- police don’t let witnesses talk to each other because they can egg each other on.
- Judging memories
- Claire has both types of amnesia, retrograde and the other one (?)
- Available memory (stored and could influence you but may not) and accessible memory (things you can get right now)
- Listening to lectures doesn’t work! You have to be concentrating for it to enter your memory
- We don’t remember alone, we remember with others
- Infantile amnesia – the bit of life you can’t remember when you were first born
- if you show an amnesia sufferer someone else’s Sensecam pictures, would they have false memories?
- Reminiscence occurs only if the memory affected the fabric of your daily life
- Hotspots in trauma memory
- Remembering from the outside
- I remember past events from my own point of view or i remember from the observer perspective
- Remembering from outside must be a fabrication
- Can observer memories really be memories? What is the significance of changing perspectives
- How do I figure in my memories?
- Movement skills (sport, dancing): sometimes it helps to visualise yourself
- Embodied or kinaesthetic perspectives / cognitive and affective perspectives
- blending the above views together, fuse into interesting combinations
- Perspective in remembering, dreaming, navigating in spatial cognition, own body representation and gesturing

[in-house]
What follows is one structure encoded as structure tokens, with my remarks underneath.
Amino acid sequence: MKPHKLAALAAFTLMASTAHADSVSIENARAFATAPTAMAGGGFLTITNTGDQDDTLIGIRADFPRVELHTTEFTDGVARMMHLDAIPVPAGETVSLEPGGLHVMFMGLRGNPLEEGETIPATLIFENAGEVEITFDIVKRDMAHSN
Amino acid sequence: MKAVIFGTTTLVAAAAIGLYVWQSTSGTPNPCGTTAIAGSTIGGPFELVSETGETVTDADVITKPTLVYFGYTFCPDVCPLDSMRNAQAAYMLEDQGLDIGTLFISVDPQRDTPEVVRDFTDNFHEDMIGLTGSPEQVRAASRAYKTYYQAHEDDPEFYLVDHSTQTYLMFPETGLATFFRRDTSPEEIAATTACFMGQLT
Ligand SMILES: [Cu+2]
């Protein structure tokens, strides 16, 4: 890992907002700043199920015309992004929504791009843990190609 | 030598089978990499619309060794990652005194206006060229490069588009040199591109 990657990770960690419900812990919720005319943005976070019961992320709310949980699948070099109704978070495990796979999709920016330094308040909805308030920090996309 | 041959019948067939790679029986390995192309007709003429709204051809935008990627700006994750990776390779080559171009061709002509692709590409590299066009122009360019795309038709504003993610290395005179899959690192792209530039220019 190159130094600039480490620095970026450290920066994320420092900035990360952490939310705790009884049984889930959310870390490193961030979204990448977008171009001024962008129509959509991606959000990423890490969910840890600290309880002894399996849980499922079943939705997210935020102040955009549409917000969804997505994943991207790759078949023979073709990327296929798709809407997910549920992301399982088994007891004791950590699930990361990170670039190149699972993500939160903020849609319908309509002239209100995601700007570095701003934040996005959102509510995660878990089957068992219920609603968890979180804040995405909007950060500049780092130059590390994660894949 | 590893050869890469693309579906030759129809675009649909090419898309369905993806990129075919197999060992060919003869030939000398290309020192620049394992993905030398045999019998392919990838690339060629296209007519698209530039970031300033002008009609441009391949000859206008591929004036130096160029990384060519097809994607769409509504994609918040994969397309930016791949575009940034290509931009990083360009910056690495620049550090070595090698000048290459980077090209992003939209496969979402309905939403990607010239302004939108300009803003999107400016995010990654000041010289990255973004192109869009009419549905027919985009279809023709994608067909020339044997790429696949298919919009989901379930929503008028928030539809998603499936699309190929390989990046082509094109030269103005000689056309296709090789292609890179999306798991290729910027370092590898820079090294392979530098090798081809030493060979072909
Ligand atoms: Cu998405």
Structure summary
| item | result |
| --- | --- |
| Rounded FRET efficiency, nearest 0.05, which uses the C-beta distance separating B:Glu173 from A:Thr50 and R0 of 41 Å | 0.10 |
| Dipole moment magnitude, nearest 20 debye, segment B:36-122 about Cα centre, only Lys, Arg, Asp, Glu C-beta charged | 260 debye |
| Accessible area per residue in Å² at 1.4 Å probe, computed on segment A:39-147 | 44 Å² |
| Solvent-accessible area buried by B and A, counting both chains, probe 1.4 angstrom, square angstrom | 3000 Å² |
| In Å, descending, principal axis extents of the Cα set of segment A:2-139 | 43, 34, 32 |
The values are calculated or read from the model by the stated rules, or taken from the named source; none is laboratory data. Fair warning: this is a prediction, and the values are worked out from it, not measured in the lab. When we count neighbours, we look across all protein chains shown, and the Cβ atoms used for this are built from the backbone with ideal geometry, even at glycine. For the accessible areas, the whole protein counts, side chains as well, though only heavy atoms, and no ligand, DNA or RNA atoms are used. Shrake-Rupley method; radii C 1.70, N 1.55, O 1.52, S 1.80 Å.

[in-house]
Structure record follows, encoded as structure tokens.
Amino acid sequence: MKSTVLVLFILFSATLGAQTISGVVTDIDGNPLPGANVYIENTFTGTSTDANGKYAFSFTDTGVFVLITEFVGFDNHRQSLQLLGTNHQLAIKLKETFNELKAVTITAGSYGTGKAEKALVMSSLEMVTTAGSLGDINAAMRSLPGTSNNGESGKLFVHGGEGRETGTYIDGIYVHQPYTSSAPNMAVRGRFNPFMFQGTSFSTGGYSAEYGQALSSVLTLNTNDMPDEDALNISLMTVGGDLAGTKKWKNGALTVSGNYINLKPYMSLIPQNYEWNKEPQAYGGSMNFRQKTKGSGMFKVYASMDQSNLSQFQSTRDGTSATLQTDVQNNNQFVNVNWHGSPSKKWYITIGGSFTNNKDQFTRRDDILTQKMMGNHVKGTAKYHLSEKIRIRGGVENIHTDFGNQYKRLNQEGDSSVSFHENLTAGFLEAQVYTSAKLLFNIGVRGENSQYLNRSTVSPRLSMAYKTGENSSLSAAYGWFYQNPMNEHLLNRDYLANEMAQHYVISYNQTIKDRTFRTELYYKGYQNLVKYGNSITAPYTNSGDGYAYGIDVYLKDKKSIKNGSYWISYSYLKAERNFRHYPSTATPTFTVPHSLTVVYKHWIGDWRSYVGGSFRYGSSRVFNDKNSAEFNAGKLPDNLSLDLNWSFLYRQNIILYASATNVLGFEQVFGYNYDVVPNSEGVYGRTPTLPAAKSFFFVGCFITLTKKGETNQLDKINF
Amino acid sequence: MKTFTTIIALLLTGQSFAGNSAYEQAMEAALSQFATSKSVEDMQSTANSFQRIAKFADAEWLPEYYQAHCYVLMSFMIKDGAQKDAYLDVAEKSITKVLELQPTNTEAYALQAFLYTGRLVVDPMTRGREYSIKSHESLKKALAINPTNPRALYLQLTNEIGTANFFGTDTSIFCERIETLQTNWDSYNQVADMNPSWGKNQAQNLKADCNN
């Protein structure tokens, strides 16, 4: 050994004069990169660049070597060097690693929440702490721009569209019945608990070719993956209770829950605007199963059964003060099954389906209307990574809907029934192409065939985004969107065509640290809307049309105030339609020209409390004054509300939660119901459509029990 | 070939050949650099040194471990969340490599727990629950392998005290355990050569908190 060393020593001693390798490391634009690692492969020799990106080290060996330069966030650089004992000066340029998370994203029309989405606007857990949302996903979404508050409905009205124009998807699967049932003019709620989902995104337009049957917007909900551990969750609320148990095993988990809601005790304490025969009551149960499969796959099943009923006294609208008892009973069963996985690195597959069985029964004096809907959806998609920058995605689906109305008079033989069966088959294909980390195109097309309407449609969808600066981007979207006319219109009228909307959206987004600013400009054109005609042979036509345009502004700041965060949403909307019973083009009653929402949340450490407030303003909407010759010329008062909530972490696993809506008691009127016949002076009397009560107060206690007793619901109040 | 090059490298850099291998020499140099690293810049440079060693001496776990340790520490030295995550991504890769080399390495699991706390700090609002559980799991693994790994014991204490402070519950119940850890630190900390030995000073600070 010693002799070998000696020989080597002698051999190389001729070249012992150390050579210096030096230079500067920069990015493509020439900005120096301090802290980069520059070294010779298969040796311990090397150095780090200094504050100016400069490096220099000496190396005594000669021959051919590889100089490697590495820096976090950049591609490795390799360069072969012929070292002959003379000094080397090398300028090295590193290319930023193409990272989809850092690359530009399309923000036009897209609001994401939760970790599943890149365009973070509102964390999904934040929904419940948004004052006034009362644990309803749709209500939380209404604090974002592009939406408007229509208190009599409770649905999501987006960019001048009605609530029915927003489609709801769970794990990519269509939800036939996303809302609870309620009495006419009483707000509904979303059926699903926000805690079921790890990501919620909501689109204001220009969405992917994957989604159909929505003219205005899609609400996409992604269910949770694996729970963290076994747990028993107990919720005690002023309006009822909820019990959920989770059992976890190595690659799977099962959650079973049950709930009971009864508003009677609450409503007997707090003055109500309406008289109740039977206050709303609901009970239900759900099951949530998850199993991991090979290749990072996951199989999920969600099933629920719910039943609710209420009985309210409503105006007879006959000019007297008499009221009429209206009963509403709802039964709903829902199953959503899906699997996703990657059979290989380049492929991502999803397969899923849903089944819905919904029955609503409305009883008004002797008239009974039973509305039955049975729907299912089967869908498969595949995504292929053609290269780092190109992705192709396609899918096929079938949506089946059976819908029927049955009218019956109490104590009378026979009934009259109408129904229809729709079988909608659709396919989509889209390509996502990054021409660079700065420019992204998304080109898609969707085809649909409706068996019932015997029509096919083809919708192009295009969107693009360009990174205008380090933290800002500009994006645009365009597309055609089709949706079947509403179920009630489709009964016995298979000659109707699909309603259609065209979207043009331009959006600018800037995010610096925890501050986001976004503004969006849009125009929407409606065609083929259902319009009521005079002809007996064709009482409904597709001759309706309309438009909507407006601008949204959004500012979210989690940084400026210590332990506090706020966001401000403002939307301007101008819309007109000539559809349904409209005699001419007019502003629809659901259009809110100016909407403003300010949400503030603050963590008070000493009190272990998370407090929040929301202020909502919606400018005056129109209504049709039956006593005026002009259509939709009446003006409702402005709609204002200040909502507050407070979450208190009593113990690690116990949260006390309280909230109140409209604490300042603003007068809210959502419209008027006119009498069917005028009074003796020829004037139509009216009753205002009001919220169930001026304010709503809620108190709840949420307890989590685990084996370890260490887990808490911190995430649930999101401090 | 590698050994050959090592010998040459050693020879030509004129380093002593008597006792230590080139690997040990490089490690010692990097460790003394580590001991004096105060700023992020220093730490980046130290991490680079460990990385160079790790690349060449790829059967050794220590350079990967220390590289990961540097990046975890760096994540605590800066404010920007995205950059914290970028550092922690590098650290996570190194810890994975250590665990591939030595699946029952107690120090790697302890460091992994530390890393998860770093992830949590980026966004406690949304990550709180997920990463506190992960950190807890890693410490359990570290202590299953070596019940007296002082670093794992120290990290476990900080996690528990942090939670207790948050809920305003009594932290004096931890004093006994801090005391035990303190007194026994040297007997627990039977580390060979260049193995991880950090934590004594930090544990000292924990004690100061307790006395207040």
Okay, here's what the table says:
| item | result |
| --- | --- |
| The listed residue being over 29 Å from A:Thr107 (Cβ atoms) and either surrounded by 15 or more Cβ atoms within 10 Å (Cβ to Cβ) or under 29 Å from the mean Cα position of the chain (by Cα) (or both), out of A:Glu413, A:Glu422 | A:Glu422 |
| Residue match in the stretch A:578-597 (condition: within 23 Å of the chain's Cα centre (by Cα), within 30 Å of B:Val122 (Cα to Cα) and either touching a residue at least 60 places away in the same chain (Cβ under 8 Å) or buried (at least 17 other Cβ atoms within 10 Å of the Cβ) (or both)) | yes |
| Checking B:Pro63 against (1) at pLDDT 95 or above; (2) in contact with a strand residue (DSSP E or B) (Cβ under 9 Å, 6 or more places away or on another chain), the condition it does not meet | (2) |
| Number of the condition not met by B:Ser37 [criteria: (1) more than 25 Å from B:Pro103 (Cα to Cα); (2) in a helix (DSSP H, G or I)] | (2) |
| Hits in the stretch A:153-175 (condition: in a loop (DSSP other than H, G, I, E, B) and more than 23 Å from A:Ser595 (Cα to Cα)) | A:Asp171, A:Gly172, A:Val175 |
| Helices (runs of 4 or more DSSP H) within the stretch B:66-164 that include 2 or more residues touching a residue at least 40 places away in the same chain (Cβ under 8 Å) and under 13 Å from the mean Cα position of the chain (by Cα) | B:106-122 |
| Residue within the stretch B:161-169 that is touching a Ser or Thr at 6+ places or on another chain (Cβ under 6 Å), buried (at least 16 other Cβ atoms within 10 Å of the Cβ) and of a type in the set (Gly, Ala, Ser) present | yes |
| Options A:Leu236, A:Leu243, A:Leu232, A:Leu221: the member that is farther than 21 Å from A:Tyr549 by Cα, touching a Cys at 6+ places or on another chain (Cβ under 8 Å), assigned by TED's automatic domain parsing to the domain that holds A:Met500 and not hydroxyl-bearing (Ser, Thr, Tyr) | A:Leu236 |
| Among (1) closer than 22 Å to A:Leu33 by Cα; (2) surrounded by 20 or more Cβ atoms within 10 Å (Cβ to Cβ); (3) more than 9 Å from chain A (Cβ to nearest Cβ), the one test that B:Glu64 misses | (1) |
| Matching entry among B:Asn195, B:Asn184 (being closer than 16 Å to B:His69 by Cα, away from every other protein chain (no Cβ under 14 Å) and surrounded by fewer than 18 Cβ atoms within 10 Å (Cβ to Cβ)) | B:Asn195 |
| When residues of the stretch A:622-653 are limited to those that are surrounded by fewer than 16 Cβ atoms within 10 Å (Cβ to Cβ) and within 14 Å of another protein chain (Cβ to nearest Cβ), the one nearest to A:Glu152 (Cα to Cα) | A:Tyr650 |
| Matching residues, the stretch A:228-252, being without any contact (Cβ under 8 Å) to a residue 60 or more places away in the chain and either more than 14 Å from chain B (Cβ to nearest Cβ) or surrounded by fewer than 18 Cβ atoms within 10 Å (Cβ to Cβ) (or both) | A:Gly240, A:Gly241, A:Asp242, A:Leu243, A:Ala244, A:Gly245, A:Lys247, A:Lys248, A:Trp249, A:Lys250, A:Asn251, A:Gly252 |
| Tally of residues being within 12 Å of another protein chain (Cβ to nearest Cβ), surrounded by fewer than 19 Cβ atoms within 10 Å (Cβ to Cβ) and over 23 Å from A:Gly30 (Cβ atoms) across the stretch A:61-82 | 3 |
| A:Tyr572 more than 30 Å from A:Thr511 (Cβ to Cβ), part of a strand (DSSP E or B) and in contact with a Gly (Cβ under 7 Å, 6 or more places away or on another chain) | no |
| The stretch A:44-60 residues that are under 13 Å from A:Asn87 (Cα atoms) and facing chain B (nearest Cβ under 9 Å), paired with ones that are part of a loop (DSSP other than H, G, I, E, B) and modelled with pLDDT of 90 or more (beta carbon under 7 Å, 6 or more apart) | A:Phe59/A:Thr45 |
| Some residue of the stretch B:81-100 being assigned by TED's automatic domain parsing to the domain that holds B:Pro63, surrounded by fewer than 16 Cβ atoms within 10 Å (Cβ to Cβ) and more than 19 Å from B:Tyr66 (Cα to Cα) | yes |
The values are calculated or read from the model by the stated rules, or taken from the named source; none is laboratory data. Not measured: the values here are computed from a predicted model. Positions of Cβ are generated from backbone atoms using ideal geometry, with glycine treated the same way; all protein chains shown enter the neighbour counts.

- Does truth in memory require preservation and reproduction?
- Field perspective memory can be constructed
- Change in memory recounting is the norm, it doesn’t mean you aren’t telling the truth
- Reports from your own eyes include more fantasy
- Embodied remembering
- Distributed cognitive ecologies: using other people to remember
- I do not identically reproduce a tennis stroke every time, it is a manufactured movement according to some schemata
- Athletes etc.: I need to stop thinking and just do
- There may be bodily skill.
- The body moving in place is not separate from any form of memory
- Research on out of body experiences is now the most prestigious cognitive science now (Curious).
- epilepsy sufferers have more out of body experience
- Women have more external perspectives of themselves due to the male gaze
- Wayne Rooney visualises himself from the outside when playing sport
- Story of the woman who designed her house the same as her childhood house to gain approval from her father
Autographer Test and Impressions
I was given an Autographer this week to try out. Here are some impressions.
The GPS lock took forever to acquire. Actually in a couple of cases it just didn’t pick it up at all and there is no location data attached to my photos. I was standing still out in the open for about 10 minutes before I decided to give up and just walk around without the lock. When in the settings screen, you can see how close it is to gaining a lock. I was under the impression that if it said ‘Low’ then that means it has a lock but it is inaccurate but it turns out this is a measure of how close you are to gaining a lock. You have to wait for it to go through Low, Medium, High and Lock before it will collect GPS data. Another time I gained a lock within 3 minutes so it appears to be very flaky.